Hailed as one of the must see romantic films of the year by American critics (and the market judging from its Box Office success), Dear John does not deliver for the British audience.

The storyline is most at fault; it dictates a slow pace that never quite grabs the attention. The two protagonists (Seyfried and Tatum) fulfil their roles adequately although one does wonder what Seyfried sees in the silent, hulking (sometimes gurning) latter. The use of letter-writing as a device is clever but not original (see Seyfried’s other film Letters to Juliet), although the romantic sentiment sometimes borders on the sickly. The cringe-worthy moments surrounding Tatum’s statement “wherever you are in the world the moon is smaller than your thumb” (not really a revelation considering perspective) are particularly agonising while the overuse of John’s name starts to wear very quickly and elicited laughter from the audience.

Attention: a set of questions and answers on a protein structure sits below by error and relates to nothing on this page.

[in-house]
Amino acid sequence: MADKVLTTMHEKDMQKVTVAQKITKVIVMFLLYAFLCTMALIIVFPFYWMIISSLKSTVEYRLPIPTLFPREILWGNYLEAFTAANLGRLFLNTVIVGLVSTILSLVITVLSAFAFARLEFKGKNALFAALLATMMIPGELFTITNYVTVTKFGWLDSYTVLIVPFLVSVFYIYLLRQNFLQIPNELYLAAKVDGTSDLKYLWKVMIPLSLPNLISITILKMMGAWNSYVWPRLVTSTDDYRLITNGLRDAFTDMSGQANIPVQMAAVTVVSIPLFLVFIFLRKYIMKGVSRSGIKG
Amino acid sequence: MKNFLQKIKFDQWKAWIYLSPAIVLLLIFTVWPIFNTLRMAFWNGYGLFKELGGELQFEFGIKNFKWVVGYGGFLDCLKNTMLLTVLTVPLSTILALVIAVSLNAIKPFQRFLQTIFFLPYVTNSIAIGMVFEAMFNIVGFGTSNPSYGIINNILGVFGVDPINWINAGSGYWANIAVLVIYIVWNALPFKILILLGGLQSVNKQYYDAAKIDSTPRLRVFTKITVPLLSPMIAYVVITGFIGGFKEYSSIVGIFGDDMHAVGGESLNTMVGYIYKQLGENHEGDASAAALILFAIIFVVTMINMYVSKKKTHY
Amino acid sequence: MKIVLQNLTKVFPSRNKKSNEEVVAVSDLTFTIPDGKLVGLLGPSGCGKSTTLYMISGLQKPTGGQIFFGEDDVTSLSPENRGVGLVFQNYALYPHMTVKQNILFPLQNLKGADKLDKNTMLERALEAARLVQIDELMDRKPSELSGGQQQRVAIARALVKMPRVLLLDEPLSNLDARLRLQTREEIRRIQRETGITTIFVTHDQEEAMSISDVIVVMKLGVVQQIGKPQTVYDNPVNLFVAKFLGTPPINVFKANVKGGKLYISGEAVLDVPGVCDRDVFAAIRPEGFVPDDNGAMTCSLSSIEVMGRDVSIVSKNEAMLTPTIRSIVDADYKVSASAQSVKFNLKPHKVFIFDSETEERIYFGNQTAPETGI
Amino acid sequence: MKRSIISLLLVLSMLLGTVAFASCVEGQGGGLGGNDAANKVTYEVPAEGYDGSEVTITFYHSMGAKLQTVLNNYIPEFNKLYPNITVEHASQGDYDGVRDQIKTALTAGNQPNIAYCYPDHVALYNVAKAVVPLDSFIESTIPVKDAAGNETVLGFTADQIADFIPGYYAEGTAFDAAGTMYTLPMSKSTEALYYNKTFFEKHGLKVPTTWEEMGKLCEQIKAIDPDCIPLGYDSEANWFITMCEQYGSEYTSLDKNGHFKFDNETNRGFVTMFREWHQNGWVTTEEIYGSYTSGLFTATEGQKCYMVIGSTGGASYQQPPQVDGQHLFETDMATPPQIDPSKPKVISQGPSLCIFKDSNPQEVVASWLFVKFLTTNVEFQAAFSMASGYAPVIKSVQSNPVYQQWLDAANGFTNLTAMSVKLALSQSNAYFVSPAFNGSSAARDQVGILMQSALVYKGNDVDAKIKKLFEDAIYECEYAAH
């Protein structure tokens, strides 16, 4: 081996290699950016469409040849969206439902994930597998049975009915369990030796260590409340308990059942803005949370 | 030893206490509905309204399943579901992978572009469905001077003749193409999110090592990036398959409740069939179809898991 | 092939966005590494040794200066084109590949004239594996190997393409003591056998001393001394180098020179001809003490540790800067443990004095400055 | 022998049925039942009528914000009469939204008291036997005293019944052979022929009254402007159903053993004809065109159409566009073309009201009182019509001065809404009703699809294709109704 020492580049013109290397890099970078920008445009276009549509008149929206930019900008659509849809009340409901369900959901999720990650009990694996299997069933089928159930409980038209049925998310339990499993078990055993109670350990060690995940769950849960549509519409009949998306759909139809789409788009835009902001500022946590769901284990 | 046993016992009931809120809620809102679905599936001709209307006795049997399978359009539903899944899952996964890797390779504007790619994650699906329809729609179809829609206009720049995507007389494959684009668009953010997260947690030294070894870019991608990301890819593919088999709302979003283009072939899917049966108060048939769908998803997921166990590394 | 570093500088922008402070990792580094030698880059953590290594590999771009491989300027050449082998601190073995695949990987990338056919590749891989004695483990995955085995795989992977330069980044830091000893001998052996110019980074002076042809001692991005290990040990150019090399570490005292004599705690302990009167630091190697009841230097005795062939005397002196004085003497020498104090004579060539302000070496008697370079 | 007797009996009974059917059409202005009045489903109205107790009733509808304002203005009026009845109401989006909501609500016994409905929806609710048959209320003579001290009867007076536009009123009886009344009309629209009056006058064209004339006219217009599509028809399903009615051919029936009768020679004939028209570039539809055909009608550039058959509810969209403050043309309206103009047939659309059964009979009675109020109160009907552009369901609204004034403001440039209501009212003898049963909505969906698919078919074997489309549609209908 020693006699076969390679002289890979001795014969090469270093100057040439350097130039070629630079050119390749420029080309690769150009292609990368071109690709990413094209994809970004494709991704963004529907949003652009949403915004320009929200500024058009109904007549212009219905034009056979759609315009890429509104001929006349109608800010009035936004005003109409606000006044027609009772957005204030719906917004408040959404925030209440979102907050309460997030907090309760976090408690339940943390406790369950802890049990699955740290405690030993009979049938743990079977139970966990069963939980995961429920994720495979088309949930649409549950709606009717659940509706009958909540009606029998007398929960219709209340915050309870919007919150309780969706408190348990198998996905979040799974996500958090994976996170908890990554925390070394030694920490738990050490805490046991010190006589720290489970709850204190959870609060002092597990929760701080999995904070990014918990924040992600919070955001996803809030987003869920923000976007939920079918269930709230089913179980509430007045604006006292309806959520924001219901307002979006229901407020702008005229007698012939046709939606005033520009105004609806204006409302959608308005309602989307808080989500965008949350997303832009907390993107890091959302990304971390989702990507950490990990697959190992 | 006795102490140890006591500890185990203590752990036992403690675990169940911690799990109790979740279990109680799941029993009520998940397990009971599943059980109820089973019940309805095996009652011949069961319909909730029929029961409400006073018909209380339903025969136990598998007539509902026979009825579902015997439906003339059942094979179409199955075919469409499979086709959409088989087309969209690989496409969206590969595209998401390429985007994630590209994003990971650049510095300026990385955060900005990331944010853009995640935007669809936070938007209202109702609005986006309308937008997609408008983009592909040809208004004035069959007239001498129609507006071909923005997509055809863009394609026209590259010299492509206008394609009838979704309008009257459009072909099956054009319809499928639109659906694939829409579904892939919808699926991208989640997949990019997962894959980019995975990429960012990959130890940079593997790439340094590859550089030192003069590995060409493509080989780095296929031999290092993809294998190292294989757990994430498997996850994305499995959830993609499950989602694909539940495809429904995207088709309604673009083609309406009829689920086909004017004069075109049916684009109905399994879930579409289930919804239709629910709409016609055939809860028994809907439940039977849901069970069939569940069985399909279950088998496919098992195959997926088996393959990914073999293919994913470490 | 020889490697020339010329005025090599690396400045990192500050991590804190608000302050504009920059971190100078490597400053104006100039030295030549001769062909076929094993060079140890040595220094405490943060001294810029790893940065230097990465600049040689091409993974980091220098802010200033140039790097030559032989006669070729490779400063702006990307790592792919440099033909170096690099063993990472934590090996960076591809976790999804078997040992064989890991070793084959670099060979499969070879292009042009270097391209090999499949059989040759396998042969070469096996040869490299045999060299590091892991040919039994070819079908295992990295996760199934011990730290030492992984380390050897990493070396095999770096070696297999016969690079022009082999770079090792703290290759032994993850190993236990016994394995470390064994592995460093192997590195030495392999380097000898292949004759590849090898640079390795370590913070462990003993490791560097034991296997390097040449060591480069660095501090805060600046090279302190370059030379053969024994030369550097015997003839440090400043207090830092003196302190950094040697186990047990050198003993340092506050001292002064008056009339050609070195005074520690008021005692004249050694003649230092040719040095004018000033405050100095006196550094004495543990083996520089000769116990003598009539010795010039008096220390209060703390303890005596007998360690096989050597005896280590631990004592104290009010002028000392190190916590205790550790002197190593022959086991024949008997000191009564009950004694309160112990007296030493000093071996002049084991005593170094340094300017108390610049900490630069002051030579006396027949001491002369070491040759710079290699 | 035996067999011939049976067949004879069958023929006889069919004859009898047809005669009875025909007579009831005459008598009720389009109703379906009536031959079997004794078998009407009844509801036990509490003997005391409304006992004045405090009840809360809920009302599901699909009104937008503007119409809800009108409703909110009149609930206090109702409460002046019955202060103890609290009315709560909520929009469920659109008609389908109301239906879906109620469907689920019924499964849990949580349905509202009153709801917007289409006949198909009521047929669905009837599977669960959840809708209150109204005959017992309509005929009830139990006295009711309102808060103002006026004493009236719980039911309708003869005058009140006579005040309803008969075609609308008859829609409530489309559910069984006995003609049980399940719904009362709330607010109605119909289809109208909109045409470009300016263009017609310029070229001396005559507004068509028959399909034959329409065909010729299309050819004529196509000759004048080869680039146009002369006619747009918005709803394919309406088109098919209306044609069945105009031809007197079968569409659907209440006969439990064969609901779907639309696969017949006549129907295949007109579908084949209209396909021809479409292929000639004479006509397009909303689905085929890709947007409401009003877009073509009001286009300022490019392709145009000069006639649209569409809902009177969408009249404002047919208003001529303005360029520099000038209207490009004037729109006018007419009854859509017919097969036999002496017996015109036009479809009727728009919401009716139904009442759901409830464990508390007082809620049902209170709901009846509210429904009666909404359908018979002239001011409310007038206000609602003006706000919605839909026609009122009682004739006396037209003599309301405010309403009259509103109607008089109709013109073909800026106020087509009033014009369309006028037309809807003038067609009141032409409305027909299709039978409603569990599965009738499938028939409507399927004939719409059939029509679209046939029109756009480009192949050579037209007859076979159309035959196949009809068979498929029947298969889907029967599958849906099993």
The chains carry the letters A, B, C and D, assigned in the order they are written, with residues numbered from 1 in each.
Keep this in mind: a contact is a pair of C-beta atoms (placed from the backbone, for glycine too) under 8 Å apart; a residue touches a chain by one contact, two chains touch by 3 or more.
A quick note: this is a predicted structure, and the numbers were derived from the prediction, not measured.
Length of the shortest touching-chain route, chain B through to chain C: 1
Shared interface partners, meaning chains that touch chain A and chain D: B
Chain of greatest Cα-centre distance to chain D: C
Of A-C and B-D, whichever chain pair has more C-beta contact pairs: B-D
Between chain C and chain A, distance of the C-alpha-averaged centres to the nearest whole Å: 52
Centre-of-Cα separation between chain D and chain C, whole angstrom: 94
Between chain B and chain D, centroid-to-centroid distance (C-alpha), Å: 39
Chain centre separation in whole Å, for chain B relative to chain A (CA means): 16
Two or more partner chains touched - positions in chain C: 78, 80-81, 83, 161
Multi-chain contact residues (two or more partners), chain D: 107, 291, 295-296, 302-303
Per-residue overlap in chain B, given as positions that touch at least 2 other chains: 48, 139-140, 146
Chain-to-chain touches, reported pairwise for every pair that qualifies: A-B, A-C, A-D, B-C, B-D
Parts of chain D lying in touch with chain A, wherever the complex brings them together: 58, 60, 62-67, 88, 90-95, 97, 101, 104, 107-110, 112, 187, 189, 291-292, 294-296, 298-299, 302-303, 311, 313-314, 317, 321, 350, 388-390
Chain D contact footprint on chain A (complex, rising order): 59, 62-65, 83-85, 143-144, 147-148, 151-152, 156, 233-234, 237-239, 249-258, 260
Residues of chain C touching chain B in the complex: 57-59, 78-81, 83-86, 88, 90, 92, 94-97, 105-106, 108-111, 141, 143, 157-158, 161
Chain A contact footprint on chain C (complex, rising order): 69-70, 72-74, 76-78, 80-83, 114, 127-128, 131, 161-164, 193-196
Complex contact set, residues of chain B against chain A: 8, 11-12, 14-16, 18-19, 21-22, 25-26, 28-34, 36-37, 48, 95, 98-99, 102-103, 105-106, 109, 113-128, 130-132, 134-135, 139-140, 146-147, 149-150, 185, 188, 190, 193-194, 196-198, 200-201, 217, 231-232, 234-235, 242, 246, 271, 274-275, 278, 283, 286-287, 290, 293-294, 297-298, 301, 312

The poignant moments of this film are to be found in the supporting roles. Richard Jenkins as Tatum’s father portrays an endearing eccentric who is responsible for the more emotional scenes in the film. The discussion and treatment of his autism (his obsession with coins lends a useful backbone to the story) leads up to a cathartic moment that could have been over-dramatised but actually is incredibly touching. Luckily Channing’s slightly dodgy speech about him being a coin (“I was rimmed and stamped”) returns this film safely back into cheap rom-com mode.

Towards the end of the film the plot becomes tired – the pace becomes quicker and the characters rip through years with little explanation or emotion. This rapidity combined with some odd twists means that the film is never really resolved. My final thoughts were that Channing should never grow a goatee and that the best thing about this film is the title.